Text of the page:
Microbiome Systems Biology in the Arumugam Group

The Arumugam Group investigates how health and diseases are influenced by our gut microbiome; how the gut microbiome interacts with the host and environmental factors; and how we can therapeutically modulate the gut microbiome to improve health.

Research focus

Lifestyle changes and lack of physical activity are important factors involved in metabolic disorders. However, emerging evidence suggests that our gut microbiome and their interactions with us play an important role in our health and well-being. An imbalance in the gut microbiome may signify an unhealthy state of the host and contribute to obesity and diabetes pathogenesis.

The Arumugam Group aims to study the interactions between the host and the gut microbiome in order to understand the molecular mechanisms underlying metabolic disorders. The Group takes interdisciplinary approaches combining multi-omics microbiome data to study host-microbial cross-talk. The Group also investigates therapeutic approaches to modulate the gut microbiome towards improving human health.

Main findings

“Enterotypes of the human gut microbiome”
Published in Nature in 2011, this study combines sequenced faecal metagenomes of individuals with previously published data sets and identifies three enterotypes that are not nation or continent specific.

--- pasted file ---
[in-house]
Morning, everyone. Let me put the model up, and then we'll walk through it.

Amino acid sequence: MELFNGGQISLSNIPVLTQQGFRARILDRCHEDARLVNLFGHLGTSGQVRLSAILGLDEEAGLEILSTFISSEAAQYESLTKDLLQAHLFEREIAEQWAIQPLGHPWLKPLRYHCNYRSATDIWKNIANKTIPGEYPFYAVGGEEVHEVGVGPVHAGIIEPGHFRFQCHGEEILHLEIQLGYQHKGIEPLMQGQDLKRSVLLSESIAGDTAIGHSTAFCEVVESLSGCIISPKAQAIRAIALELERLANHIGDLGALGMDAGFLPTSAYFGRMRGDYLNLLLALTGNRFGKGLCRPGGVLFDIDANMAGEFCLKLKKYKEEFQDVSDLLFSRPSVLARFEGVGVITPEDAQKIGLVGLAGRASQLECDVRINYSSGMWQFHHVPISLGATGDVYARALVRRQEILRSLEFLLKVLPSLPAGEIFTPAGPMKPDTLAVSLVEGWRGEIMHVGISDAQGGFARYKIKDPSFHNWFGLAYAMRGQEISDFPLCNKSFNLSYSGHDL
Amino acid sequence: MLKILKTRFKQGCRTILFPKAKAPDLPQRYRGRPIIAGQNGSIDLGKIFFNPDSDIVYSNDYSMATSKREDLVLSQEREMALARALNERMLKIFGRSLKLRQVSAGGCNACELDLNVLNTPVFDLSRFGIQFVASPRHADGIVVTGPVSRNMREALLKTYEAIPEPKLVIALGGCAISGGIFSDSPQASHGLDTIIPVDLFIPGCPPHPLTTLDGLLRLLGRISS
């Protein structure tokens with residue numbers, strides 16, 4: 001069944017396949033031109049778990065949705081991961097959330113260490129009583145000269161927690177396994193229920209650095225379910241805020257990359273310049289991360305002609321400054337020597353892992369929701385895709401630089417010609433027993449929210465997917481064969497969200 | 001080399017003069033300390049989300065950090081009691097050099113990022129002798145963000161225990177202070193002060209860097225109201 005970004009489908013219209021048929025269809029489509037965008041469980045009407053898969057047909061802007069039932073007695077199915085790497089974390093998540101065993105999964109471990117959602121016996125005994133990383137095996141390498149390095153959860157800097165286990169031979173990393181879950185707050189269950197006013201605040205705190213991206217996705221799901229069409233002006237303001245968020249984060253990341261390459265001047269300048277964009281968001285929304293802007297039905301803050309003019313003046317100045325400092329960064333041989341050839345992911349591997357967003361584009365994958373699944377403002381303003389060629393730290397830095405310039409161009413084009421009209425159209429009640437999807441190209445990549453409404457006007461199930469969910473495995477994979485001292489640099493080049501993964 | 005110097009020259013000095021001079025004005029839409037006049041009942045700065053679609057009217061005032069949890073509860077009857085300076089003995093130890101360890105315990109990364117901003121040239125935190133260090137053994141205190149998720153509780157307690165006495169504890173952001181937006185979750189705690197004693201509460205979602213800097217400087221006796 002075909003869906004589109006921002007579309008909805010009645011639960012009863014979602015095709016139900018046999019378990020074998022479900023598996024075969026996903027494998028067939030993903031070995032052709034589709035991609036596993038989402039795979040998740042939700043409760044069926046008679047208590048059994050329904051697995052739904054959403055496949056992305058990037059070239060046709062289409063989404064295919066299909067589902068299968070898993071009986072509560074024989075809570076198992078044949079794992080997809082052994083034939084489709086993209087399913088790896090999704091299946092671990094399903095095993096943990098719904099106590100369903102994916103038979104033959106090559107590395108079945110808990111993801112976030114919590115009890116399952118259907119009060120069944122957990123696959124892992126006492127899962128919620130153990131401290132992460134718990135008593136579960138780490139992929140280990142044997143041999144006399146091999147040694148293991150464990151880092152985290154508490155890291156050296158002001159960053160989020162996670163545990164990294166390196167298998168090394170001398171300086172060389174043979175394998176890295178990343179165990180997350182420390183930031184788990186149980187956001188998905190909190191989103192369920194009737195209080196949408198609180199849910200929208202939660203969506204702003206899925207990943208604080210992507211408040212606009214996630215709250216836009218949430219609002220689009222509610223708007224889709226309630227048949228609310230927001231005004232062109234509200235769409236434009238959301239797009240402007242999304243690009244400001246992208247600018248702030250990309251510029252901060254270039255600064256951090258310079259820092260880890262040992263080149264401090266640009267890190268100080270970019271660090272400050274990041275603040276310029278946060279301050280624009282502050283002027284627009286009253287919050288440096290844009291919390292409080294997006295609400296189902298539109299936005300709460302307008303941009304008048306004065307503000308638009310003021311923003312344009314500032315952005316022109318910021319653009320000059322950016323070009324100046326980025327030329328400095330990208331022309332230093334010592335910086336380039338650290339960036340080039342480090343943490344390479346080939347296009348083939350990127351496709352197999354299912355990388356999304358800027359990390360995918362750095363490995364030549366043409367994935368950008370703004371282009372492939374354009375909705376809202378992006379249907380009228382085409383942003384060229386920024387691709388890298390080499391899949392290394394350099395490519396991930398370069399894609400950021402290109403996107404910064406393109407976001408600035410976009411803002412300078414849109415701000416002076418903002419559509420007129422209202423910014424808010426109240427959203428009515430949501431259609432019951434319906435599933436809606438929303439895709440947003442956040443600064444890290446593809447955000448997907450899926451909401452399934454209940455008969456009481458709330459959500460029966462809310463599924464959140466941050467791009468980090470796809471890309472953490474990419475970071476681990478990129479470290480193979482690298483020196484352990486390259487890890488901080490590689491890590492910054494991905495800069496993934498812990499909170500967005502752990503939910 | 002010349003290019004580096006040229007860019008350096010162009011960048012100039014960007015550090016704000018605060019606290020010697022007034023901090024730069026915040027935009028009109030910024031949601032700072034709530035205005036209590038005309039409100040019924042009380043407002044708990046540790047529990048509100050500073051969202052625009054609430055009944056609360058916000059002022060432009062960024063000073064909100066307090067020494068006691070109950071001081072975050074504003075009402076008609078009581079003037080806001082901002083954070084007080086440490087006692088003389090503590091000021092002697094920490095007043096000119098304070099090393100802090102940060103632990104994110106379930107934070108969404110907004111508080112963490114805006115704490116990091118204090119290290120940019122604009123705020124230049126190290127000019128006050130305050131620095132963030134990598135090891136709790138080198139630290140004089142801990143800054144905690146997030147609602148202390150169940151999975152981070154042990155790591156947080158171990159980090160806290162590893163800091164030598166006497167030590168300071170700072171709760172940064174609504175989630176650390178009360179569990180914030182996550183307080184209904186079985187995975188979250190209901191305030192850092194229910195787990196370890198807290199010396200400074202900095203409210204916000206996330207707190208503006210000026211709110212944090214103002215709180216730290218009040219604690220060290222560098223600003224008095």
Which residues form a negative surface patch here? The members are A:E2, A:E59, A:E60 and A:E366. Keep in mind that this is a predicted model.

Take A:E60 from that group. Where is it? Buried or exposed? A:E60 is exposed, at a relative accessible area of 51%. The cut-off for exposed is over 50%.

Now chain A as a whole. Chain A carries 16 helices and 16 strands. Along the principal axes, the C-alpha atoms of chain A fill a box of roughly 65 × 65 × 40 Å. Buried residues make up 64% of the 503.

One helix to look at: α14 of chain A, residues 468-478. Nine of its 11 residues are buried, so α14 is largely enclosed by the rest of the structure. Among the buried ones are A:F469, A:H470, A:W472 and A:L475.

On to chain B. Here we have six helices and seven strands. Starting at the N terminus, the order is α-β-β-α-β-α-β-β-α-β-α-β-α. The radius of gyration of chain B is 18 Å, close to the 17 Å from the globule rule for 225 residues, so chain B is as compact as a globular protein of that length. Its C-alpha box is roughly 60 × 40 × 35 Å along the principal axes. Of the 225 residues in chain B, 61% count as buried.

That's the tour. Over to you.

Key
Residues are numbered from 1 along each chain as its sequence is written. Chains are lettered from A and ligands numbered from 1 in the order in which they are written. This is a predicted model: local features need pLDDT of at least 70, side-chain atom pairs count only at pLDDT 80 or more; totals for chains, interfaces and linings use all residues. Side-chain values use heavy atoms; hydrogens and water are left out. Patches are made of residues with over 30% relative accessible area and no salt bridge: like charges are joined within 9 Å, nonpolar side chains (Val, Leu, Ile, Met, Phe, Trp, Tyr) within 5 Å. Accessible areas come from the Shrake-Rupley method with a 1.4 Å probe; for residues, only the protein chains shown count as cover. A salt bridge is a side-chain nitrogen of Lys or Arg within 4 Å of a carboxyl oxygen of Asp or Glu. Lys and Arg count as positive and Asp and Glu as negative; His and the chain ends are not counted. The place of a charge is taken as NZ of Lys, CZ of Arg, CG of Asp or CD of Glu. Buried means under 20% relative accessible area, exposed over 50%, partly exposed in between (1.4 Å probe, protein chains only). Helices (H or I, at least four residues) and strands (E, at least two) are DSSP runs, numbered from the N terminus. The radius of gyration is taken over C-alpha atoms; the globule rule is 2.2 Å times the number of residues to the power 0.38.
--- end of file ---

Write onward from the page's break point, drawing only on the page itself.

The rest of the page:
“Roux-en-Y gastric bypass surgery of morbidly obese patients shows swift and persistent changes of the individual gut microbiota”
Published in Genome Medicine in 2016, this study describes the changes in gut microbial taxonomic composition and functional potential following Roux-en-Y gastric bypass in morbidly obese patients.

“Metagenomic analysis of fecal microbiome as a tool towards targeted non-invasive biomarkers for colorectal cancer”
Published in Gut in 2017, this study presents the first metagenomic profiling study of colorectal cancer faecal microbiomes to discover and validate microbial biomarkers in ethnically different cohorts, and to independently validate selected biomarkers using an affordable clinically relevant technology.

Staff of the Arumugam group

Group leader: Associate Professor Manimozhiyan Arumugam

The Arumagam Group